The media storm over the British Fertility Society's (BFS) statement on social values took us all by surprise. We had issued a press release about a forthcoming paper in the journal Human Fertility, commenting on the lack of implementation of NICE (National Institute for Health and Clinical Excellence) fertility guidance by Primary Care Trusts (PCTs), and making some proposals to help standardise access to treatment across England. We assumed that we would get some reasonable coverage on the inside pages, but dealing with the press is not an exact science. Instead, we were overwhelmed by the prominence given to the news story, but also by the concentration on the obesity issue to the exclusion of all else. How did this happen?
Interestingly, some of the first reports were very balanced - Sarah Boseley's in the Guardian was a very good example (1). But from speaking to journalists later, it emerged that it was obvious that one broadsheet in particular had decided that the coming together of two fairly combustible media elements - obesity and fertility - meant that the story lay there. This created something of a bidding war, and we saw the newspapers changing their initial stories and concentrating on obesity, and the news value of the story began to climb. From there, the broadcast media followed.
Journalists do a very difficult job to impossible deadlines, and in putting their comment forward they lay themselves open to people like me picking over the bones of a story later. However, much of the impression that a newspaper story makes depends on the sub-editor who writes the eye-catching headline, and this is what happened here. The headline became obesity and fertility, even though a lot of the stories underneath still carried a lot of balance. What this meant was that as secondary reports or comments came in, they seemed increasingly to be based on the impression made by previous stories, rather than on our original press release. Take for example the late comment piece on the Guardian website (2) (see 'Recommends'), where the writer talks of '...new recommendations that IVF treatment on the NHS should be limited or withdrawn entirely for overweight women'. This Guardian web article draws it's report from an earlier Times article (3). By this time, the story had taken on it's own momentum.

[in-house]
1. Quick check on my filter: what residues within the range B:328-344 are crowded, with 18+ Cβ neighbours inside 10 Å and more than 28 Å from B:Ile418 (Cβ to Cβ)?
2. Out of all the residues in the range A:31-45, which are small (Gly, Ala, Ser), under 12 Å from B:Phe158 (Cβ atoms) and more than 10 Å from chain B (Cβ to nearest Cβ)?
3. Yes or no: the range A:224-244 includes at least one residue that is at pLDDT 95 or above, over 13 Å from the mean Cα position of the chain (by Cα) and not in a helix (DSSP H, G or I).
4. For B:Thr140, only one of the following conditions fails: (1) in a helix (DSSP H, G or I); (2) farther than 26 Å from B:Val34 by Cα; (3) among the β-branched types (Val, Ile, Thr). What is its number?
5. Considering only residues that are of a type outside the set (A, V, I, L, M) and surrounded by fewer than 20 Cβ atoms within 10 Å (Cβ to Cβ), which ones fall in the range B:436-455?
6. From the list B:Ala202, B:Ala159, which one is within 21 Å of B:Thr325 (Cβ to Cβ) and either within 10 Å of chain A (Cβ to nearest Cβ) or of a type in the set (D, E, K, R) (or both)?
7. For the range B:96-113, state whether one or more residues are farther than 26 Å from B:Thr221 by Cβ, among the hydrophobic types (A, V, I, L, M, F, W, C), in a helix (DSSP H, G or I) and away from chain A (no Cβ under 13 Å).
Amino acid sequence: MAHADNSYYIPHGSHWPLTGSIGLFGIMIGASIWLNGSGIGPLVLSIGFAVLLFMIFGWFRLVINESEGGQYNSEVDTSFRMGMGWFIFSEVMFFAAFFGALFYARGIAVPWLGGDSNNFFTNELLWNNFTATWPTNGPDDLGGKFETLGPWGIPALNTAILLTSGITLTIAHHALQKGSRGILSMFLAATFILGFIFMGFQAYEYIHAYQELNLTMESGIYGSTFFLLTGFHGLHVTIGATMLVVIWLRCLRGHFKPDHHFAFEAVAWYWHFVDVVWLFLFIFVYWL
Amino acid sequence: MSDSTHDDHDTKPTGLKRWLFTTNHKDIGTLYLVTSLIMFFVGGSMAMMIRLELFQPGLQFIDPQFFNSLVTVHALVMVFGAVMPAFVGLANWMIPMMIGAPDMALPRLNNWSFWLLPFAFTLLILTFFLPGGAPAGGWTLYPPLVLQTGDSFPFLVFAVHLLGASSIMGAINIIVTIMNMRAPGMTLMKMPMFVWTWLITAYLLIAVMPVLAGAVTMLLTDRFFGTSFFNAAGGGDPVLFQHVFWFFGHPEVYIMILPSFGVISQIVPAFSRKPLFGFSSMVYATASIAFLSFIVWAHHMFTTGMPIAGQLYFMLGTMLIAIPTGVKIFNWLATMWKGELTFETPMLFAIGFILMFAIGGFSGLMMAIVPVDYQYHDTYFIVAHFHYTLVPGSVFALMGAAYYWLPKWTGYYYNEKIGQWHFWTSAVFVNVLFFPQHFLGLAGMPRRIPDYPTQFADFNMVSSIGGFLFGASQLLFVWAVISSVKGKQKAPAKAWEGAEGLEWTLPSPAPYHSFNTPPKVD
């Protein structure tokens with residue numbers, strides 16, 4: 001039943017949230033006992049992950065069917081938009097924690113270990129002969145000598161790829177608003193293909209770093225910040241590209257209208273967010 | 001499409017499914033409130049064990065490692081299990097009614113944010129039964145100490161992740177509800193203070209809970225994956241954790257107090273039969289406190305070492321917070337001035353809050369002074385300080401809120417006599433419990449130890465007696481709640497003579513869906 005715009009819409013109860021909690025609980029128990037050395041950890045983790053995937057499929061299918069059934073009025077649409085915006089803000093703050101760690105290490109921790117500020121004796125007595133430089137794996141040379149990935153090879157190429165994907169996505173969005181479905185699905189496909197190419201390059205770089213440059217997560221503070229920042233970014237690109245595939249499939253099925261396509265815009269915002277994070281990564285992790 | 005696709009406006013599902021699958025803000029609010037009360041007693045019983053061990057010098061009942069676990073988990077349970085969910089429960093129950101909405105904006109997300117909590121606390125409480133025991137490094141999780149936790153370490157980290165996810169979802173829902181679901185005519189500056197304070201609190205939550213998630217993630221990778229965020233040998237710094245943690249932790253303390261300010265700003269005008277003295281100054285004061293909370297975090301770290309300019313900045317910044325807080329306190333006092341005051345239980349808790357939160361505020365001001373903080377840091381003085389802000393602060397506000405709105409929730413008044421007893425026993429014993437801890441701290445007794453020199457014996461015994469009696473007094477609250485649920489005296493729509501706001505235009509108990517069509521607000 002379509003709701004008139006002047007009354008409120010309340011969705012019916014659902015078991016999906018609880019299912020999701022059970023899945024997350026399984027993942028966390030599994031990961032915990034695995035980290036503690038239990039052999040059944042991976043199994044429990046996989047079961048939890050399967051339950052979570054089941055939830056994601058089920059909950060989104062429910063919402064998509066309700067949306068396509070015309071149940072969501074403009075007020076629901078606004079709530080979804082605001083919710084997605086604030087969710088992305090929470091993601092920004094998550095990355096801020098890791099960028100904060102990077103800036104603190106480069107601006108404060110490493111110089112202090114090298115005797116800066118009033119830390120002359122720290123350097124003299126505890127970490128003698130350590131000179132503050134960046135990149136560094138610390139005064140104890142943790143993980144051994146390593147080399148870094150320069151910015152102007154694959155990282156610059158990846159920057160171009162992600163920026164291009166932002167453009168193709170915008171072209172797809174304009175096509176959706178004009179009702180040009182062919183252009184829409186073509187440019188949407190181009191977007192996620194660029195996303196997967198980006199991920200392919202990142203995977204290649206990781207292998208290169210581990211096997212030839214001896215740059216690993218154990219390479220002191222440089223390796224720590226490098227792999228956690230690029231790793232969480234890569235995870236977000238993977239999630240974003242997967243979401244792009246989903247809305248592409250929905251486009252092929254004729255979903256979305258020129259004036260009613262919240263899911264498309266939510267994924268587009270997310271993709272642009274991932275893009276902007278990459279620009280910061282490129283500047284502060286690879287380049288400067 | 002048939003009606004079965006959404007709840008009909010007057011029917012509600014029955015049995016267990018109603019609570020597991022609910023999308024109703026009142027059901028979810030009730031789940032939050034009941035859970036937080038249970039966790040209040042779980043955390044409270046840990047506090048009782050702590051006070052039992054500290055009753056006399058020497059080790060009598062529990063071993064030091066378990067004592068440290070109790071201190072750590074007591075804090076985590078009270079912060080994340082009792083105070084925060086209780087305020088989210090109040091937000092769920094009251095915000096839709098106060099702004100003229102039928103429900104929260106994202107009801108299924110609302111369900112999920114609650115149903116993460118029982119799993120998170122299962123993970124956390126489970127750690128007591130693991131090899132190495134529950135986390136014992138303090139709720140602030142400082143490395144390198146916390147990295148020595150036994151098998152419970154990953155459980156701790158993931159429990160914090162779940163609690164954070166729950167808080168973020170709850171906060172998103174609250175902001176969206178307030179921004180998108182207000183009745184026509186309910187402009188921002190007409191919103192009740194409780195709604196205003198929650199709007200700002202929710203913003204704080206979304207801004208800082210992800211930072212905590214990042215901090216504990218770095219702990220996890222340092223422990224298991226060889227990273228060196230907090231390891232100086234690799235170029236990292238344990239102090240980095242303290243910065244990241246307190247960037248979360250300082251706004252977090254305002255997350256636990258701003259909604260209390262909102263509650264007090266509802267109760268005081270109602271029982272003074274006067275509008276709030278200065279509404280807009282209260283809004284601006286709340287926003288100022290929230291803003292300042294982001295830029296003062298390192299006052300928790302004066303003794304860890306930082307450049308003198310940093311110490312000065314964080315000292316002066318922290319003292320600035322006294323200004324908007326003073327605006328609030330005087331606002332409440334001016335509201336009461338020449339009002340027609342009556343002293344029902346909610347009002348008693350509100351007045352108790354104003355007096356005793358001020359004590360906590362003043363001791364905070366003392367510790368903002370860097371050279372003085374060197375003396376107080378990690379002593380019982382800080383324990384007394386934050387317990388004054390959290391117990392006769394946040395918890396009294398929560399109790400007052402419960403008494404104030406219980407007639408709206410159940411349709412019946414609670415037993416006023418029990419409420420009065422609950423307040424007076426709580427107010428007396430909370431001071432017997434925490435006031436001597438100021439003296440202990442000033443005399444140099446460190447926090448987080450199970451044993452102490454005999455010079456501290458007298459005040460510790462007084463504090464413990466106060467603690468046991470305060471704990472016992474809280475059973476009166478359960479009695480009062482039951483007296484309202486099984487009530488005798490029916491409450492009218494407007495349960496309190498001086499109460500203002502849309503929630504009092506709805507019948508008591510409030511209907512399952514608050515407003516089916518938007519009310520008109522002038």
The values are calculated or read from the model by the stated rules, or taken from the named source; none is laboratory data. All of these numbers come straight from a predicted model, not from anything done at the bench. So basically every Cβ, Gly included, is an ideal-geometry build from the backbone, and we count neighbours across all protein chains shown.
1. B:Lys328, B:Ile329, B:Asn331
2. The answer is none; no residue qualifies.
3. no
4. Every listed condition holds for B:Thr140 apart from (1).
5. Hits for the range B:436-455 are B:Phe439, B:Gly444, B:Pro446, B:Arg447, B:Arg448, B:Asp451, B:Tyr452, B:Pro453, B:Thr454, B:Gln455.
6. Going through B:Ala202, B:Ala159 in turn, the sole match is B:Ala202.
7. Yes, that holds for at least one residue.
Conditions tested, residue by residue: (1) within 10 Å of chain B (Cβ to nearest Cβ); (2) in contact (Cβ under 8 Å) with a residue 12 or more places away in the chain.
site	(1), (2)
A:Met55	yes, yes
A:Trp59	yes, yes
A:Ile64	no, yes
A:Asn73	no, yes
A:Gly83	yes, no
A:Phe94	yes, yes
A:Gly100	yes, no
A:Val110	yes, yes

So what did the BFS [actually] say about female weight? The document commented that whilst the NICE guidelines had made recommendations for the management of fertility when the woman has a Body Mass Index of more than 29, that some PCTs had applied this as a funding criteria. The paper argued that this was wrong and that PCTs should, as part of their commissioning arrangements, provide such women with appropriate dietary support and exercise programmes to reduce their BMI (Body Mass Index). Moreover, it argued that in the absence of any other evidence, the only current sensible upper BMI limit for assisted conception might be that currently accepted by anaesthetists as defining fitness for day case surgery (i.e. less than 36). Hardly draconian and far above that currently being applied by most PCTs.
Over the last few days the BFS has come in for public criticism for apparently discriminating against obese women (we've also had complaints about suggesting allowing access to treatment for lesbian women, but far fewer). Interestingly, we also suggested that women with a BMI of less than 19 should also show some progress in gaining weight before being accepted for NHS treatment, but I doubt that you'll find an article about that. In most respects, it was the press that made this an obesity story.
Dealing with the press can be occasionally frustrating, sometimes depressing, and now and then it makes me want to scream. But it's also useful, and the rewards can be great, and I wouldn't want to do anything else. In some respects, putting out a press release is like having children, you know how you want them to turn out, but usually they end up with a life of their own. But I suppose that's what fertility is all about?